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Debt debate cheat sheet
President Barack Obama meets with congressional leaders Thursday at the White House to discuss raising the debt ceiling.
July 15th, 2011
05:15 PM ET

Debt debate cheat sheet

Washington (CNN) - Here it is - a cheat sheet to the talks over the national debt. These are the plans on the table, simplified and put in terms a human being can understand:

Key figures

• $14.29 trillion - current debt limit. That's also nearly the value of the European Union's gross domestic product - or everything produced in the EU - last year.

• August 2 - the date when the federal government is forecast to hit the debt limit and see all new loans cut off. Falls during "Simplify Your Life Week." Really.

• $2.4 trillion - the increase to the debt limit officials think is needed to get the government through November 2012.

• $4 trillion - the amount of deficit reduction in a longer, broader, "grand compromise" idea.

Plans in the discussion

From smallest to largest:

1. The "fallback": The McConnell and McConnell/Reid plans

These plans are built in case Congress and the White House cannot reach a specific deal on raising the debt ceiling. In theory, they include relatively simple legislation and could lead to an increase in the debt ceiling in a matter of days.

Specifically, Senate Minority Leader Mitch McConnell, R-Kentucky, proposes a shift in how government raises debt ceilings, resting the decision and power more with the White House. McConnell's plan would allow the debt ceiling to go up if a) the president requests a specific increase, b) the president submits proposed budget cuts in an amount greater than the debt ceiling increase and c) if two-thirds of Congress does not vote against it (if one-third supports the debt ceiling increase).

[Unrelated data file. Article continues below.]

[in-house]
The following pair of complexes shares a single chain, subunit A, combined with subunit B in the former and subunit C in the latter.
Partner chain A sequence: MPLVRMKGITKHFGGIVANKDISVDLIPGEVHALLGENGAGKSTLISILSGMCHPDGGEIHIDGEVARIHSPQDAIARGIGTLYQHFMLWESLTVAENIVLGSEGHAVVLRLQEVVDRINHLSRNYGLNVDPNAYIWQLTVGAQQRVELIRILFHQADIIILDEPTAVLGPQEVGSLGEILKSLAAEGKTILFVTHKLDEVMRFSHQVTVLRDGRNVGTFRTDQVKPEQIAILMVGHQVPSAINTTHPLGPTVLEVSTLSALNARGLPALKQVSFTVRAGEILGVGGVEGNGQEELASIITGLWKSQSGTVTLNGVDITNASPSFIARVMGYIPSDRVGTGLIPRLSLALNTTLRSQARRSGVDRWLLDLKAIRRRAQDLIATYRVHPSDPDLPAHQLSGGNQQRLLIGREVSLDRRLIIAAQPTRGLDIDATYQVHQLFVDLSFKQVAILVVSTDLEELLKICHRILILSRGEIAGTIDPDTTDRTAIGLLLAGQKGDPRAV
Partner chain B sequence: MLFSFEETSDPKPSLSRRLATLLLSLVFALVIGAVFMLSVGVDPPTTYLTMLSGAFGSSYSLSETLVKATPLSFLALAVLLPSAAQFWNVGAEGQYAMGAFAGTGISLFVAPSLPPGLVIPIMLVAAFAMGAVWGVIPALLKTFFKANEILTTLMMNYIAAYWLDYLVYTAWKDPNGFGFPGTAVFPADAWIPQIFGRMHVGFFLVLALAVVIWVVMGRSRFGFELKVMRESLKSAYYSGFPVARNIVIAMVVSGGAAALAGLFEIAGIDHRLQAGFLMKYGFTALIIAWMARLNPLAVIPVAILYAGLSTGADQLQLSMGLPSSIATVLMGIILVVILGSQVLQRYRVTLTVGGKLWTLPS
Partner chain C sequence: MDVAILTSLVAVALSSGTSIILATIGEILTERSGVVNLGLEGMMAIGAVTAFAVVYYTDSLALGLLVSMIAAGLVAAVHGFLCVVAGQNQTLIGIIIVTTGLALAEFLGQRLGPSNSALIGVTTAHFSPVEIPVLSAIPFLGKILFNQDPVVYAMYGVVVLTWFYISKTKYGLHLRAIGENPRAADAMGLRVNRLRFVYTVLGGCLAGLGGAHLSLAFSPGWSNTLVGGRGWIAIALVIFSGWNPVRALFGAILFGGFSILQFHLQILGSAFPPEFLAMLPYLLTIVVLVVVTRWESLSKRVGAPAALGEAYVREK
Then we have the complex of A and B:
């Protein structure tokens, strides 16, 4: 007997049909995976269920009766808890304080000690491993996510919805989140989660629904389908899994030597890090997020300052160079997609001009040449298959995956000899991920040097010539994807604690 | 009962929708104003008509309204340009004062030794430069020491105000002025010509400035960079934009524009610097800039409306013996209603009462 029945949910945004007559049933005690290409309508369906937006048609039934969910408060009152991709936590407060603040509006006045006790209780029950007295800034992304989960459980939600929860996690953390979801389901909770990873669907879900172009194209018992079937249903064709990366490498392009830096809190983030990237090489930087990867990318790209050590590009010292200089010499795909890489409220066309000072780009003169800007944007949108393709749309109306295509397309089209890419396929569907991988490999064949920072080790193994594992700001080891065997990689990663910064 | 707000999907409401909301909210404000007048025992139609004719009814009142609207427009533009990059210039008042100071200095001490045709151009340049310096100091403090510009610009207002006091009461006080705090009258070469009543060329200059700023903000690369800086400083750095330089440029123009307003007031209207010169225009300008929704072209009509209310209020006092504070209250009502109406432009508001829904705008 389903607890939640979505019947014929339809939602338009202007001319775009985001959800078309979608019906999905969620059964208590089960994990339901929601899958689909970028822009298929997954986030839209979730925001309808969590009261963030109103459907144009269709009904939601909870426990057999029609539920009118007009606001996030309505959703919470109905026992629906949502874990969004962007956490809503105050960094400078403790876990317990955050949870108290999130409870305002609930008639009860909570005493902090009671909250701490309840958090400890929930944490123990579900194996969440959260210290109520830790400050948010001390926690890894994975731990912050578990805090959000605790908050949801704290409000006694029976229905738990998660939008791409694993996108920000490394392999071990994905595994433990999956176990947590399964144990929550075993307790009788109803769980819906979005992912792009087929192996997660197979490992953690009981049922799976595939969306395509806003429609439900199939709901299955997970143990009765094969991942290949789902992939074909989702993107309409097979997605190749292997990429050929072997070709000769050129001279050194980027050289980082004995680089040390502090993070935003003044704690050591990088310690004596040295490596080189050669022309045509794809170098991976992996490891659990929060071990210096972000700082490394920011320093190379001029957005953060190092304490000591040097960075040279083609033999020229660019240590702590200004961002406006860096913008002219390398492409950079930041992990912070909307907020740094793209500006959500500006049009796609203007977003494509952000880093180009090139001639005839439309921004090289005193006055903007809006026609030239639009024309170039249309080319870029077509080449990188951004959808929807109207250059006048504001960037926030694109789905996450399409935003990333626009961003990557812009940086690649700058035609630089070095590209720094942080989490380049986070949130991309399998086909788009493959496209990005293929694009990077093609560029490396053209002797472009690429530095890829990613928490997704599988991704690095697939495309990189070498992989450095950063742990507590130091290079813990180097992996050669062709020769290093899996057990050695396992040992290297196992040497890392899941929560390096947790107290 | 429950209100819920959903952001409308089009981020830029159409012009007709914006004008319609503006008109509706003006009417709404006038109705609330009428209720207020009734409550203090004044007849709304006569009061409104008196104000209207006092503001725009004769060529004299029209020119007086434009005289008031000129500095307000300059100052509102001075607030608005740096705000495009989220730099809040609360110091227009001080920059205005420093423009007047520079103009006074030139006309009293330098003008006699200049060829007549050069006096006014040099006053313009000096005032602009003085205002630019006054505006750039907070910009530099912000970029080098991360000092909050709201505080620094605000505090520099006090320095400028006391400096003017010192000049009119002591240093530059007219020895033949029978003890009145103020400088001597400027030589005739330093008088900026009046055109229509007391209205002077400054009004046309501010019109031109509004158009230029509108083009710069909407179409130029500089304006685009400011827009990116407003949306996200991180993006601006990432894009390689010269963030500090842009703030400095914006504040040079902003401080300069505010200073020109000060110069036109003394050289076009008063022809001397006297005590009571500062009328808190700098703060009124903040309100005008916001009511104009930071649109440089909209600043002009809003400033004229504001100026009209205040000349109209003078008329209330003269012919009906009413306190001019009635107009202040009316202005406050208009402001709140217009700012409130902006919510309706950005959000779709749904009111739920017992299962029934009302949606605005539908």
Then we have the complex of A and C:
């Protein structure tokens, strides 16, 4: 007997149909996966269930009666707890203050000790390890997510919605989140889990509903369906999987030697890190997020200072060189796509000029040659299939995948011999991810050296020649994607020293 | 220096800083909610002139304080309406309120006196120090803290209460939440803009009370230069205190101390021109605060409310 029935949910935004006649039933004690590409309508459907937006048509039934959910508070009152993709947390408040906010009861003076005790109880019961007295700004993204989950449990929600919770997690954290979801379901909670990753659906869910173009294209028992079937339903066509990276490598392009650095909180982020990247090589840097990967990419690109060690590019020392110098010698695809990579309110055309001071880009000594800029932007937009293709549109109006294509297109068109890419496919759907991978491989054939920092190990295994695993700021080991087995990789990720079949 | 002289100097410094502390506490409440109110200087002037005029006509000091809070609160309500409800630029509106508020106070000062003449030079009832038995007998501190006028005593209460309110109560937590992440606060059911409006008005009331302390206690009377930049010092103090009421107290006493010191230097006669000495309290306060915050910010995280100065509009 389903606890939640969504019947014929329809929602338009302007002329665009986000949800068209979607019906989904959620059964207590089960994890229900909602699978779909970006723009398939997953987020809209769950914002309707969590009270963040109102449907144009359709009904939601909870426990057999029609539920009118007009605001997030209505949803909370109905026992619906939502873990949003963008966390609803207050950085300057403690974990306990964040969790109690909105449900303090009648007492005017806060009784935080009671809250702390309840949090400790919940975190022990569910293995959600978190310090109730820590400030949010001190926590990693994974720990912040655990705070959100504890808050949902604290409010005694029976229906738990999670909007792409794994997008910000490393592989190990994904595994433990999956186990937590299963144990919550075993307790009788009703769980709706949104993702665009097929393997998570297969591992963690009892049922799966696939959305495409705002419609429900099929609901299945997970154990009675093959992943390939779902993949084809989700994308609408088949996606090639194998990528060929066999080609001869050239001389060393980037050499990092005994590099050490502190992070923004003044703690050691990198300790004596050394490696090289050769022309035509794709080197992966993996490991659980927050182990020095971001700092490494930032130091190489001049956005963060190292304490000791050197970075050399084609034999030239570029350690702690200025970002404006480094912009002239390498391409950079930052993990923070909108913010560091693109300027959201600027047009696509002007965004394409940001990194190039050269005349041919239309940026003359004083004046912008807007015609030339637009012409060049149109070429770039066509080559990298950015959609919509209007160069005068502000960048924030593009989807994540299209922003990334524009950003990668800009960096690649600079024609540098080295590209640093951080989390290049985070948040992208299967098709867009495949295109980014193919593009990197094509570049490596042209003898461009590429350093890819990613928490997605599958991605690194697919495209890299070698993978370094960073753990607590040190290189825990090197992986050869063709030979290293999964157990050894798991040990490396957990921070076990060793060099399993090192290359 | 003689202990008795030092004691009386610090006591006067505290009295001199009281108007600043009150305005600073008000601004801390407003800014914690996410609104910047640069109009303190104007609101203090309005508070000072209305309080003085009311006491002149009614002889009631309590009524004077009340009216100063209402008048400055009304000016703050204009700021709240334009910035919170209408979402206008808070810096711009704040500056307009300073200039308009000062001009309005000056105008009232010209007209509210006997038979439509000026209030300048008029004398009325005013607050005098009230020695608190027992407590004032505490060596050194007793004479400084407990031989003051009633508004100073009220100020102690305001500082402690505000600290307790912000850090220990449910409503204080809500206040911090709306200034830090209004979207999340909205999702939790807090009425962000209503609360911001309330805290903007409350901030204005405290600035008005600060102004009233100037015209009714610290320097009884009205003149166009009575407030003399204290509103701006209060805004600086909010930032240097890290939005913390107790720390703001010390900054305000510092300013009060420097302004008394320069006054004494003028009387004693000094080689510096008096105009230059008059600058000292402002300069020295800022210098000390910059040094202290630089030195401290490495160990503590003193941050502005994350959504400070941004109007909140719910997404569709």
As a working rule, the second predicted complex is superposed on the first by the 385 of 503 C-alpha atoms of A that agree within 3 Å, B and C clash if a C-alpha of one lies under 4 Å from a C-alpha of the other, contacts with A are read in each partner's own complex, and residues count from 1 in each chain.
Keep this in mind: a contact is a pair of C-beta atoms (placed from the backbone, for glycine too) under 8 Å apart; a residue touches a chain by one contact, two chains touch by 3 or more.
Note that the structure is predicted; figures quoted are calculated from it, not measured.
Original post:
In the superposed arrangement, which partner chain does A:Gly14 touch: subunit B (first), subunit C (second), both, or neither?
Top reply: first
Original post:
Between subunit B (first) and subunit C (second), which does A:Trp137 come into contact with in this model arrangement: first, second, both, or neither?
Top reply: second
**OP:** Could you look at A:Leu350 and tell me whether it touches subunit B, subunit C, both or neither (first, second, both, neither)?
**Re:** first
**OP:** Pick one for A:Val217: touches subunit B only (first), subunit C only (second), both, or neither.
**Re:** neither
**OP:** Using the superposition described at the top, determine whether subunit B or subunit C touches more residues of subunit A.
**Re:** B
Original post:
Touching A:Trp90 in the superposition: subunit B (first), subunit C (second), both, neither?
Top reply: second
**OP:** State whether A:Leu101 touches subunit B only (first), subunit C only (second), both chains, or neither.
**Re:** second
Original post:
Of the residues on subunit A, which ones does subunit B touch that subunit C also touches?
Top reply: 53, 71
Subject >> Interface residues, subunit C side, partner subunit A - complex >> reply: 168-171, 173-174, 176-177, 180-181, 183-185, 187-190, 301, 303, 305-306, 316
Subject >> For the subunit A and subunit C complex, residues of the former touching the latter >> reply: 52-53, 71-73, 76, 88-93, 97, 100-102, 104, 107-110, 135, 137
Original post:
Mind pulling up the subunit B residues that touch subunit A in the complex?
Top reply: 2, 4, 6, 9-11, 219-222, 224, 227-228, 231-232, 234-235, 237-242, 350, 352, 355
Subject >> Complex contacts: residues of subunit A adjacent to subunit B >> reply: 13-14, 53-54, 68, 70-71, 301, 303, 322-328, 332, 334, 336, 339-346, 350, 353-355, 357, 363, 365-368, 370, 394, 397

The mechanisms for that plan are complex, but just believe us that those are the bottom lines.

Senate Majority Leader Harry Reid, D-Nevada, is working with McConnell to add more components to this plan.

The two leaders are considering an attachment of $1 trillion to $1.5 trillion in spending cuts. And they are talking about a commission or group that would propose spending cuts and possibly wider reform. This plan is fluid, but right now the idea is to create something similar to the Defense Base Closure and Realignment Commission, guaranteeing the commission's recommendation a straight up-or-down vote in each chamber of Congress. That group could speed up the process to cut spending.

Supporters: This "fallback" could save the U.S. from hitting an unprecedented financial wall. It also takes the politics out of debt ceiling debates.

Opponents: The McConnell plan requires no spending cuts or change in fiscal policy. It demands only proposals, which Congress may or may not pass. Even if the McConnell/Reid spending cuts are included, this idea makes few or no difficult fiscal decisions.

Odds: Increasing rapidly.

2. The 'kick the can' short-term deal

This proposal could take many forms but would raise the debt ceiling for a matter of weeks or a few months, with offsetting spending cuts and/or revenue changes.

It may be as much as $1.5 trillion or as little as a few hundred billion.

President Barack Obama has repeatedly said he will not sign such a deal. But in White House talks Wednesday, House Majority Whip Eric Cantor, R-Virginia, suggested looking at a short-term bill, famously leading to a pronounced pushback and a musical flourish, Jed Bartlet-style moment. "This could bring my presidency down," Obama said, according to Republicans, "but I will not yield." Both sides agree he ended the meeting at that point.

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soundoff (One Response)
  1. Lou

    If the power of a politician is in his party, then of what use is the politician? Hey, elected officials on all sides...either use your *own* brains and come to a budget compromise, or watch as we vote you out of office.

    July 15, 2011 at 10:54 pm |